While the pharmaceutical sector expanded by 5 percent to EUR 2.7 billion in 2012, industry players are warning that this year’s growth will be hindered by Romanians’ impeded access to healthcare services, combined with delayed payment terms and a controversial claw-back tax.
By Ovidiu Posirca
The amount of medicines granted to patients in the retail segment increased by 2.6 percent to EUR 2.3 billion last year, according to the Pharma & Hospital Report by Cegedim Romania, a data provider for the pharmaceuticals industry. Meanwhile, the hospital segment gained 6.4 percent to EUR 356 million.
Prescription-based medicines (Rx) grew by 1.8 percent last year to around EUR 1.9 billion, while over-the-counter (OTC) drugs rose by 6.6 percent to EUR 375 million.
Petru Craciun, general director of Cegedim Romania, who reckons that market difficulties have started to impact even the strongest companies, predicts the market will increase by 1.4 percent this year in the local currency, falling when expressed in foreign currencies.
“The most important issue is not necessarily found at company level, although their problems have multiplied, but in the quality and availability of the medicines for patients, and of healthcare services in general,” stated Craciun.
Diana Ionescu, senior consultant, advisory services, at the professional services firm PwC Romania, says the industry has a poor outlook with marginal growth that will make it vulnerable to any legislative changes.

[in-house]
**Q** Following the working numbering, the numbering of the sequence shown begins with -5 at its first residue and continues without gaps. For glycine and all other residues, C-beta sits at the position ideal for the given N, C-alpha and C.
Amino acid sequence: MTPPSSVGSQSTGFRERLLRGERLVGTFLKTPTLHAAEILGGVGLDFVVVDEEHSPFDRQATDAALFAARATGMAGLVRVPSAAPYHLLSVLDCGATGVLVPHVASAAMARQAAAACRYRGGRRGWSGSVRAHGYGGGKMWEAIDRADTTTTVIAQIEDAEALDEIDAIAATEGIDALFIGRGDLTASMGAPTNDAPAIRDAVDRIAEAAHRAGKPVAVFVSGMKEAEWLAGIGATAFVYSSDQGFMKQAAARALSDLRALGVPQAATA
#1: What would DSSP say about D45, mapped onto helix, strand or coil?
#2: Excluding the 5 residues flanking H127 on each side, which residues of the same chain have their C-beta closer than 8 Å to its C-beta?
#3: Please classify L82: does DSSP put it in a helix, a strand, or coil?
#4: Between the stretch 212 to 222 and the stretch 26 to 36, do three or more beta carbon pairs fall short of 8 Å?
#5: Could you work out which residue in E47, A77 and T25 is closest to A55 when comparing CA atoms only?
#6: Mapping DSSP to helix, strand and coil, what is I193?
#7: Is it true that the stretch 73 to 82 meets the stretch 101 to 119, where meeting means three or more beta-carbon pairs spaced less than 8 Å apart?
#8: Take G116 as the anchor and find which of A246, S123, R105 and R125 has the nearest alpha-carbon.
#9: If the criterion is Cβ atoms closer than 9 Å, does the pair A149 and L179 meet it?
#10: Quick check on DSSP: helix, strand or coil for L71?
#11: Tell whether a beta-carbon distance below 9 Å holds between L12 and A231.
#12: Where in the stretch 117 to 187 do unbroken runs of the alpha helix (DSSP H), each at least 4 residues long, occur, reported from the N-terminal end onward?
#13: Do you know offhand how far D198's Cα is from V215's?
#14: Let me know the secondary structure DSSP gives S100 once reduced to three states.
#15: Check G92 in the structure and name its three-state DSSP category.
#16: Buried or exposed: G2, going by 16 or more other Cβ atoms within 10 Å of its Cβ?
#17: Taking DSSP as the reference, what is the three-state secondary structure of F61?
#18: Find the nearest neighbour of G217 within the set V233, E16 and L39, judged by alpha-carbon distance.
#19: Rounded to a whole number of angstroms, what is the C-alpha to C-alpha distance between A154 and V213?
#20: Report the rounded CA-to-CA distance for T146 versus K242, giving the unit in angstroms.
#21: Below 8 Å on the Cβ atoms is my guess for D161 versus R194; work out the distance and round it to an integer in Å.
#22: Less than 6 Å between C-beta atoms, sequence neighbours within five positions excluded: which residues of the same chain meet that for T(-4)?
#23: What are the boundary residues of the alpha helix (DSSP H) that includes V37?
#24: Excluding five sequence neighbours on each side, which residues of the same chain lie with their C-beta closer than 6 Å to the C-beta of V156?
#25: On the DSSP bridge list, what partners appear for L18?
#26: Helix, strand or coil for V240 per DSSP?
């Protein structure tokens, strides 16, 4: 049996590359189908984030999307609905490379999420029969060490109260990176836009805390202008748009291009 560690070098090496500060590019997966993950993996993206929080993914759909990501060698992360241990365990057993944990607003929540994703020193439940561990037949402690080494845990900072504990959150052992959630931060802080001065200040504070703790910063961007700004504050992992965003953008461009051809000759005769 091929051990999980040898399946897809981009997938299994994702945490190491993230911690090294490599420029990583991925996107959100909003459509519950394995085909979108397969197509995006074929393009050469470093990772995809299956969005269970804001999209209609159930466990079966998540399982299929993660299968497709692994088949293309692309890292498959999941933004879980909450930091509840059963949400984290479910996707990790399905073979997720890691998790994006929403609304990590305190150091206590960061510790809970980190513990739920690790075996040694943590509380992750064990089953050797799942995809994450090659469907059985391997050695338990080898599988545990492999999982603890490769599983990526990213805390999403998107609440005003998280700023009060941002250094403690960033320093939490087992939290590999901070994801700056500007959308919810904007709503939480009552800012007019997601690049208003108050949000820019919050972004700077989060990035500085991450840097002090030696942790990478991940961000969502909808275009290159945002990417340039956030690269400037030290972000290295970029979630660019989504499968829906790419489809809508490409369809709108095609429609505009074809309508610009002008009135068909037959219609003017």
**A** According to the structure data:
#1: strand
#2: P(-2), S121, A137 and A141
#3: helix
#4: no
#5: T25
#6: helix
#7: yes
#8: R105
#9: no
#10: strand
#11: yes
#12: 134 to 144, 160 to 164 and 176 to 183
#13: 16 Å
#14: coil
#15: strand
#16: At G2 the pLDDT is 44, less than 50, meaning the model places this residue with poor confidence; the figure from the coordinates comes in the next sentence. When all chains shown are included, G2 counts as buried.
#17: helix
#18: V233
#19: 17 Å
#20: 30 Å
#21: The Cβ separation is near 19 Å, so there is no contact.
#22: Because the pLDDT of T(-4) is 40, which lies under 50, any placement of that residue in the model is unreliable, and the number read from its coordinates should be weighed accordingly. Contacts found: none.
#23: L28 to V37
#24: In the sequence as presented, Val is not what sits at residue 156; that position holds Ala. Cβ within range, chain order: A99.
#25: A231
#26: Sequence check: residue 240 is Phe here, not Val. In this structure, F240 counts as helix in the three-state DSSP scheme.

Romania faces generics conundrum
In an industry dominated by innovative medicines, the generics are trying to gain ground on the backdrop of a hostile legal environment.
The innovative sector represented 75 percent of the market and around 25 percent of the volume in 2012, Dan Zaharescu, executive director of the Association of International Pharmaceuticals’ Producers (ARPIM), told BR. The rest belonged to generics, which are medicines whose patents have expired, allowing other firms to make and market their own versions.
Although they dominate the market, producers of originals argue they can’t introduce new products to the market and have to wait 300 days to receive payments from the National Insurance Body (CNAS). In addition to long payment terms, producers are owed RON 6.3 million (EUR 1.4 billion), debt that has built up since 2010.
“It is more than six years since the list of subsidized medicines has been updated, and Romanian patients are still waiting for innovative medicines that have been available in Europe for many years,” said Zaharescu. He suggested that raising healthcare financing could solve this issue. Cegedim estimates this would cost RON 94.3 million (over EUR 21 million), adding 1.5 percent in fresh expenditure to the budget.
Dragos Damian, president of the Romanian Association of Generic Pharmaceuticals Producers (APMGR), fears the update would impose an unfair burden on the industry if the government doesn’t introduce both innovative molecules and those that already have a generic or biosimilar equivalent.
“If this decision is implemented without taking notice of these aspects and without an adequate increase of the health budget, it will increase the fiscal pressure on the producers of generic medicines, who will be forced to pay a higher claw-back tax for the larger profits of innovator companies with medicines on the waiting lists,” Damian told BR.
In spite of the tough market, the innovative industry has invested heavily in clinical testing. ARPIM estimates that companies have invested between EUR 100 and 200 million locally in 2012.
Romania has some of the lowest regulated medicine prices in the EU, in an effort to give more Romanians access to treatment. This has led to constant growth in the parallel trade of pharmaceuticals.
“Parallel exports have become a profitable phenomenon which is becoming more prevalent,” said Zaharescu. He added that these exports soared by 40 percent to EUR 700 million in 2012.